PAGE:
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Ayomide Onigbinde
Ayomide Onigbinde

Posted on • Updated on

WebAssembly: another JVM?

WebAssembly has been gaining popularity in recent times. It's fast, it's "hip" and my God, C/C++ and Rust developers seem to mention it a lot these days. There are several articles already written for Wasm (as I'll keep calling WebAssembly in this article). Go here for my article on using WebAssembly, Go and React. There is also a Rust port here. The Rust port is up and running at this URL.

Java is a language that needs no introduction. The JVM is simply a virtual machine that takes in Java bytecode and then spit out the machine code of the CPU the code is running on. That way, you can write any language that is supported by the JVM (e.g Scala) and run it on any CPU/platform. This forms the basis of Java's Write Once, Run Anywehere. Enter Wasm.

Wasm basically is a format that allows you compile code you've written in various languages on any hardware/platform in a safe environment.

So how does Wasm differ from the JVM?

  • Speed. Wasm runs at near native speed (even in the browser).
  • Security. WebAssembly lets you run code you don't trust. It runs in its own sandbox.
  • In the frontend, there are JS bindings from your host language. This means you can write your app in a language like Rust. You can manipulate the DOM directly, compile to Wasm and have JS bindings generated for you.
  • WebAssembly can be loaded "lazily" loaded. What does this mean? You can actually run the WASM code before its been fully dowloaded. The browser can run the WASM as its being downloaded using the WebAssembly.instantiateStreaming() function provided in JavaScript.

Personally, my biggest takeaway from the differences between JVM and WebAssembly is that Wasm is platform-independent and provides near native speed for whatever architecture you're running on all with support for many languages, guaranteed security and the fact that you can stream the Wasm binary in the browser. Another takeaway is the fact that it supports a lot of languages — Rust, Go, AssemblyScript all support Wasm. I think its pretty obvious that Wasm is not just another JVM. WebAssembly is WebAssembly.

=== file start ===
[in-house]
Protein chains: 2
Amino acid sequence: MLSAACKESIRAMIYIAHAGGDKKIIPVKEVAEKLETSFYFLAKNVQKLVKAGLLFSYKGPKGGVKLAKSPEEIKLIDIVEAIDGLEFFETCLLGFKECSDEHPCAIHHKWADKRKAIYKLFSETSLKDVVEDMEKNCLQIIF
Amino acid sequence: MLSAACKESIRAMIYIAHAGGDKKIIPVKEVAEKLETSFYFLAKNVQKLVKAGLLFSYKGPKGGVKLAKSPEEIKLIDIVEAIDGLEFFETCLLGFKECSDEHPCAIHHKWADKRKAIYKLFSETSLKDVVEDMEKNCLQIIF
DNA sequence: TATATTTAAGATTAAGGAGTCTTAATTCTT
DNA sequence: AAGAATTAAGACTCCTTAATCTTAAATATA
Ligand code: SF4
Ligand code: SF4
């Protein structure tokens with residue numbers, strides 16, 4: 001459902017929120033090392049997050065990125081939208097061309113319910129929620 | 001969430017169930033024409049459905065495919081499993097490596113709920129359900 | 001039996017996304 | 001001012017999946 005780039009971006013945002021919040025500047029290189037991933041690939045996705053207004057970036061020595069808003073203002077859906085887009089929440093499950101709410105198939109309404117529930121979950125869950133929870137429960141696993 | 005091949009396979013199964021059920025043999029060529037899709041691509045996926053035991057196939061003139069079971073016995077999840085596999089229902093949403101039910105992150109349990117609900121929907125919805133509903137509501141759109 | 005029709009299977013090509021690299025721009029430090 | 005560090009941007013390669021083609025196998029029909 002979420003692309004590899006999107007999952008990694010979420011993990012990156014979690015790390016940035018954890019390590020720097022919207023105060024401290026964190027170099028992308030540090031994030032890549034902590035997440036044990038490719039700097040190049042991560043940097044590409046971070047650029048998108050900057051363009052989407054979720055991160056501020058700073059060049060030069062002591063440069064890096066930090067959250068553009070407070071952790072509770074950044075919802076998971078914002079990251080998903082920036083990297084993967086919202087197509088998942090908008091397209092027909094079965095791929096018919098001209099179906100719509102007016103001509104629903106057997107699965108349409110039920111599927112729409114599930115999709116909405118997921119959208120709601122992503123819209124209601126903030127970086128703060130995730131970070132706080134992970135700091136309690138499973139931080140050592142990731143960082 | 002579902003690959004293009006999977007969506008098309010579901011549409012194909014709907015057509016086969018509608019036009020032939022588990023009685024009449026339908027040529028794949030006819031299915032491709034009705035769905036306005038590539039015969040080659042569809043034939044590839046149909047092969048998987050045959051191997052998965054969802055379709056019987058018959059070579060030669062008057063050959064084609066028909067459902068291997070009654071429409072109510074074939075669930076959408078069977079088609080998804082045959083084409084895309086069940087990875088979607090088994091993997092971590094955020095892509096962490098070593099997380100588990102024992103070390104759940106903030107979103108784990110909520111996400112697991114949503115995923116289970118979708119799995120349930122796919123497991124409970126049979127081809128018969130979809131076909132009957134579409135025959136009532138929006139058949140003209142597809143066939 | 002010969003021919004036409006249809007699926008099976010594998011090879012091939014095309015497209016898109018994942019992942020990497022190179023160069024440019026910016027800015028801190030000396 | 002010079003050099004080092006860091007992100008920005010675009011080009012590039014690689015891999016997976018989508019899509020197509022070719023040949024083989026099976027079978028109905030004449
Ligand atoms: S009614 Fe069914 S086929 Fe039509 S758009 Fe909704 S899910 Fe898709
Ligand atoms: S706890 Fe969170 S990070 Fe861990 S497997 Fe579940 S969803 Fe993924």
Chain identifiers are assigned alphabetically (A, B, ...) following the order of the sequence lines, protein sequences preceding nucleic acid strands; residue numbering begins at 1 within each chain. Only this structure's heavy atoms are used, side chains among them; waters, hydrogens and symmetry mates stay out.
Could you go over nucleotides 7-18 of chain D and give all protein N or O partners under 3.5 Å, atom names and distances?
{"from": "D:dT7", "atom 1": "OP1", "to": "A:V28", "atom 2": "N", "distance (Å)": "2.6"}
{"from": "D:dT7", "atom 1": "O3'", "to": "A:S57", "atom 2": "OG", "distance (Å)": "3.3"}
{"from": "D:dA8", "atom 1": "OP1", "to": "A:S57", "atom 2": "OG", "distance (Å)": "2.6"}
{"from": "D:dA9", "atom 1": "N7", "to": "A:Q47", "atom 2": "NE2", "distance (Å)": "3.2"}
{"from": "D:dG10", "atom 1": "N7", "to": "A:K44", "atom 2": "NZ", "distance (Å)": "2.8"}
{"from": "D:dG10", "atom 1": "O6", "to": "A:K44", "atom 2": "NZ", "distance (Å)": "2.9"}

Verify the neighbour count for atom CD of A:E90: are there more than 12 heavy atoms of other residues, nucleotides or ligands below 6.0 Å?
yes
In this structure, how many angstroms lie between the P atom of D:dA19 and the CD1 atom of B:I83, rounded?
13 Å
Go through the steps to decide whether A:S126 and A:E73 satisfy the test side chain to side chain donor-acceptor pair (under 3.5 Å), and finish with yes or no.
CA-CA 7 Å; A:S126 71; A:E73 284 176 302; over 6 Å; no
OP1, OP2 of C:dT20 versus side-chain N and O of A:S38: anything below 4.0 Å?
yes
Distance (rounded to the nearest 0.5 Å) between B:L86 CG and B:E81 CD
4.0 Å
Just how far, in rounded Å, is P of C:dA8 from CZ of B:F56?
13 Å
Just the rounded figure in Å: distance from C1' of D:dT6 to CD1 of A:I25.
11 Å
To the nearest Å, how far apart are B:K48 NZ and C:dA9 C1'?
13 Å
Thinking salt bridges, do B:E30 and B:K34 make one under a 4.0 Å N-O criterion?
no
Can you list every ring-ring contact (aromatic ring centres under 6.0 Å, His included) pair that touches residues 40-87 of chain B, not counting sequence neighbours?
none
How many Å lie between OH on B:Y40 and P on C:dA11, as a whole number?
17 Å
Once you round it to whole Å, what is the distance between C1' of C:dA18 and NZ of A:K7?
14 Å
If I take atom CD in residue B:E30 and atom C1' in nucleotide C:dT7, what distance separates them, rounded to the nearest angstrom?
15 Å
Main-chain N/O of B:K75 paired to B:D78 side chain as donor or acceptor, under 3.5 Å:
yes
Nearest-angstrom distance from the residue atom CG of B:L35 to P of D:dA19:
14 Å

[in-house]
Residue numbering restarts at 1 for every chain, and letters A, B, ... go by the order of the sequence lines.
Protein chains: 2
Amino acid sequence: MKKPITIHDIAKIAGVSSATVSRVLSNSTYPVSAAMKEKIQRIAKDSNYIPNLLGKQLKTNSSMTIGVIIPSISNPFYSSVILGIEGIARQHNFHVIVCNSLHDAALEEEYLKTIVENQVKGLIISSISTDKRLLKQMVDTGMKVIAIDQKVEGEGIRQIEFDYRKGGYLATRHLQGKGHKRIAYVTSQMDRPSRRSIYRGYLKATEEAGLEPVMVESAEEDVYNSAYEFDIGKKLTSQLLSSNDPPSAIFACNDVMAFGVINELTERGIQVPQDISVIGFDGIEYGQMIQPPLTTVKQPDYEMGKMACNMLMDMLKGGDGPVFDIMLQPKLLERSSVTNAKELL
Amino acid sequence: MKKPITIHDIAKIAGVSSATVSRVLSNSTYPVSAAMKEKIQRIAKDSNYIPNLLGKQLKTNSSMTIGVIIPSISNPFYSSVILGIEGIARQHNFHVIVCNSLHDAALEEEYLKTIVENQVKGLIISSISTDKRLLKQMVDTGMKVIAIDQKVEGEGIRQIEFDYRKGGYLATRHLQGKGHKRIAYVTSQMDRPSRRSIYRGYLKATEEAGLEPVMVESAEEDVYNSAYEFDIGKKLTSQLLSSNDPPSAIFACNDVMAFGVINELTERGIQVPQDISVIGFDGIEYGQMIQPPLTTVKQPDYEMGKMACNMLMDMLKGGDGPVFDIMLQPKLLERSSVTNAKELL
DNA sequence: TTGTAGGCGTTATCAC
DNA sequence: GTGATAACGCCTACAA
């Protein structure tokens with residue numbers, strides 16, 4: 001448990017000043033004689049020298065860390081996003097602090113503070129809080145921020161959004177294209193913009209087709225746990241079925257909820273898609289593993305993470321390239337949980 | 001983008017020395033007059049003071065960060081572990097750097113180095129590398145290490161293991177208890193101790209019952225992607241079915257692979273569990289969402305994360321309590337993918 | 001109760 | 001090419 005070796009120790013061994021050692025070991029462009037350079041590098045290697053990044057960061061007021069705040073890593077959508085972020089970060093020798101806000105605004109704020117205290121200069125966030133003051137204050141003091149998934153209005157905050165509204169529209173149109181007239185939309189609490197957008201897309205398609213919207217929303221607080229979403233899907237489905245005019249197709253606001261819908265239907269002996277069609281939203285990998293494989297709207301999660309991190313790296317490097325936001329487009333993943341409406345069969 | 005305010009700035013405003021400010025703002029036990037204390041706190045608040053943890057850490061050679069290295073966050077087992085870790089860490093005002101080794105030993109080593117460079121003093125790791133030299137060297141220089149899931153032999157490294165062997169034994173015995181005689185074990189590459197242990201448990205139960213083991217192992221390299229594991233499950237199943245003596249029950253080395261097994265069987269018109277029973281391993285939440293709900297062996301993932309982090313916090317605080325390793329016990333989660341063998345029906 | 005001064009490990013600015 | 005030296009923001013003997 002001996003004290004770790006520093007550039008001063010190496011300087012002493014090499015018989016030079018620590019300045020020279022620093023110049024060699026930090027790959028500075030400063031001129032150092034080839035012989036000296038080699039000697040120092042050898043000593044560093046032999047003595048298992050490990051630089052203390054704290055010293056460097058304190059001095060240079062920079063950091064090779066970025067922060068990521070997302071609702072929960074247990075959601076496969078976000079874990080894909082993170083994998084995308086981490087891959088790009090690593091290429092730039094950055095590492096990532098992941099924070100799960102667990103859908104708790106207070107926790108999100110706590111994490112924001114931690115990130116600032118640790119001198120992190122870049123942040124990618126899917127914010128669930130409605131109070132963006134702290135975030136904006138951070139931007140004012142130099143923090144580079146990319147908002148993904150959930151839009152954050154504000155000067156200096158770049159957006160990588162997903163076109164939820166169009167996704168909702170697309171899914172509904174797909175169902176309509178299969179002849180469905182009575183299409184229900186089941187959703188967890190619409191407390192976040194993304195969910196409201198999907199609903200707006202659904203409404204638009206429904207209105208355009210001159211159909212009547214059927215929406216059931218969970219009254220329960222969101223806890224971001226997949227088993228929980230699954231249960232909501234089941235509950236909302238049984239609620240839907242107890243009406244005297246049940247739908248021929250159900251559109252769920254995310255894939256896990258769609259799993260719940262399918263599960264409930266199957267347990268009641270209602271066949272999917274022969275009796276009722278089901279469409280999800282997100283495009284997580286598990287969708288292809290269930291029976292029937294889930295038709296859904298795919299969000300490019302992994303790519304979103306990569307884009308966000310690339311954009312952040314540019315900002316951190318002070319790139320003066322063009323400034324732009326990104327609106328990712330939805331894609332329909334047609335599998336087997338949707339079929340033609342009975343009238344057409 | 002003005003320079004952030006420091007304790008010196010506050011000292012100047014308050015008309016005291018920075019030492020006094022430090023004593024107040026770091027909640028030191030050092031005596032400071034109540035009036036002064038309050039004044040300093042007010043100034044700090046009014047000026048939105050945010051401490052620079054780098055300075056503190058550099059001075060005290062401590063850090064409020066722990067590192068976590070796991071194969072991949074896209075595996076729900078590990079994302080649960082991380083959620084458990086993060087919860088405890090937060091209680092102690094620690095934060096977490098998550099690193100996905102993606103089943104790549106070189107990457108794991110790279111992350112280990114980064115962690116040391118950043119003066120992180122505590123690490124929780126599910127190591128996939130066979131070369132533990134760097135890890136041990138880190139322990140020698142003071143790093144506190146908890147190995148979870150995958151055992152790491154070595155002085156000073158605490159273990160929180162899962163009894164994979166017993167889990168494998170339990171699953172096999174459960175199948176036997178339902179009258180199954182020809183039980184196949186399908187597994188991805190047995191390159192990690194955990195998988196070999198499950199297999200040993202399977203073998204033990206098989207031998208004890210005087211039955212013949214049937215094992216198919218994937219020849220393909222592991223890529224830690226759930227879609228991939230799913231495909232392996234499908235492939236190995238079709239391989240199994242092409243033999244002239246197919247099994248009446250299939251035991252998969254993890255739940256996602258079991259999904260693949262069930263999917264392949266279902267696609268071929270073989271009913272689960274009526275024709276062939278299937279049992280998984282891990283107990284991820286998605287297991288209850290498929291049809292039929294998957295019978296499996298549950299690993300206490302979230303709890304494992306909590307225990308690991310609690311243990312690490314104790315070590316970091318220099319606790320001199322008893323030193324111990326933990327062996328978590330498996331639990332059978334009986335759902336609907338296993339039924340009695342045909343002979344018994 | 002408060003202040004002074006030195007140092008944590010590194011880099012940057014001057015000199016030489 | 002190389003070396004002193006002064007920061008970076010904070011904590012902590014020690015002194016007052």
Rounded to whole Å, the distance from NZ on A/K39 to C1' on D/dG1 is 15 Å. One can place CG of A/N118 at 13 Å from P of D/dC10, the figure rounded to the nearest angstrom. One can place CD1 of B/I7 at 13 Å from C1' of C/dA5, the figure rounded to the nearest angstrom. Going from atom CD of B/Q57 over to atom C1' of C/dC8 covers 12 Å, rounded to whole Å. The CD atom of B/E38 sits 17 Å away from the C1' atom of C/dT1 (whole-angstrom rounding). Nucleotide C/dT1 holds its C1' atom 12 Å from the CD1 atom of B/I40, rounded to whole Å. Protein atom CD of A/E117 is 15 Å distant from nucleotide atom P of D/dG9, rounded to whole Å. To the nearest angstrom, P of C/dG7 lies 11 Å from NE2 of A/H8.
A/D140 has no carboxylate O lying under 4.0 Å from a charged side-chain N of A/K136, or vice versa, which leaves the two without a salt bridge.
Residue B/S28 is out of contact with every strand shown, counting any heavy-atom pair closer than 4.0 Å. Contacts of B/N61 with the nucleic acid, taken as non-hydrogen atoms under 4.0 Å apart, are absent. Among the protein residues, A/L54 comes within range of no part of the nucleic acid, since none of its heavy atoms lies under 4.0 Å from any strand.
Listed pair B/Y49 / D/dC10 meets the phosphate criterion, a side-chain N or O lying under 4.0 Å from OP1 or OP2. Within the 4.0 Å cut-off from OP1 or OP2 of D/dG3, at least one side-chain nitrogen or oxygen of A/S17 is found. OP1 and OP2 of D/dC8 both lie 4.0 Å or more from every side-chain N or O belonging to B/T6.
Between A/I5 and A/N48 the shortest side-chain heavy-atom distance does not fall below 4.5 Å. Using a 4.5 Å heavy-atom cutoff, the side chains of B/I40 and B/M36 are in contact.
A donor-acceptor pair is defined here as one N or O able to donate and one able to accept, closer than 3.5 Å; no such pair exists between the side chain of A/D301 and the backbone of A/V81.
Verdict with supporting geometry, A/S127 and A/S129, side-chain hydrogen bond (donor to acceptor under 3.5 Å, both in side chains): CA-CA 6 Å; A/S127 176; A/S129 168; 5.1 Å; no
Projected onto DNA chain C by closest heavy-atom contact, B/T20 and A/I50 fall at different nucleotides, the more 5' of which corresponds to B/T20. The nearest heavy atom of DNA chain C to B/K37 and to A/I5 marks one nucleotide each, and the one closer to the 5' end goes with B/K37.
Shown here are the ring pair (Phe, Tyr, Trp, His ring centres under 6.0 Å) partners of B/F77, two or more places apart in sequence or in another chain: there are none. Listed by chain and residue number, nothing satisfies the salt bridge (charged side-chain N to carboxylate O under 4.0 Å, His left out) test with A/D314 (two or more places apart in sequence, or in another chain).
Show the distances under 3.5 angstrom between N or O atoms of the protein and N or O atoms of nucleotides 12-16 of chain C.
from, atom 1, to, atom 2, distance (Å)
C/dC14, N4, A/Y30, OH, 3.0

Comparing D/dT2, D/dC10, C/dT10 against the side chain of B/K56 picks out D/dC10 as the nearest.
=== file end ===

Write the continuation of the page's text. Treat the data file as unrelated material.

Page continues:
Top comments (3)

bergkvist profile image
Tobias Bergkvist

Native speed? JavaScript is significantly faster than WASM at certain tasks. Especially things related to image/video processing.

On the video grayscale example in my version of Google Chrome, JavaScript is 4-5x faster than WASM.

lulebe profile image
Leander Berg

Javascript can run at native speed as well, if the engine optimizes it. On the other hand, I'm not sure what's in your wasm binary but I'm certain there's quite a bit of emscripten stuff in there.
You'd be better of using a language that directly compiles to wasm (maybe assemblyScript?) instead of this toolchain which gives you half a C std lib as well.
Add to that the aforementioned problems with calling from JS into wasm and back and the overall very concise code which the JS engine probably optimizes instantly, and it makes total sense that the overhead outweighs the benefit.

I wouldn't use wasm to replace 5 lines of JS just because it's possible. I think JS is still seen as an interpreted language, when performance in many cases is near native.
You can use wasm in cases where you want SIMD, for example, or when you want absolute consistency across all browsers in terms of execution time.

louisgerard profile image
Louis Gerard

This is the quickest benchmark. I bet what is slowing WASM is that it is repeatedly called from JS. I wonder what the result would be if the main loop was in WASM, ran with wasmtime

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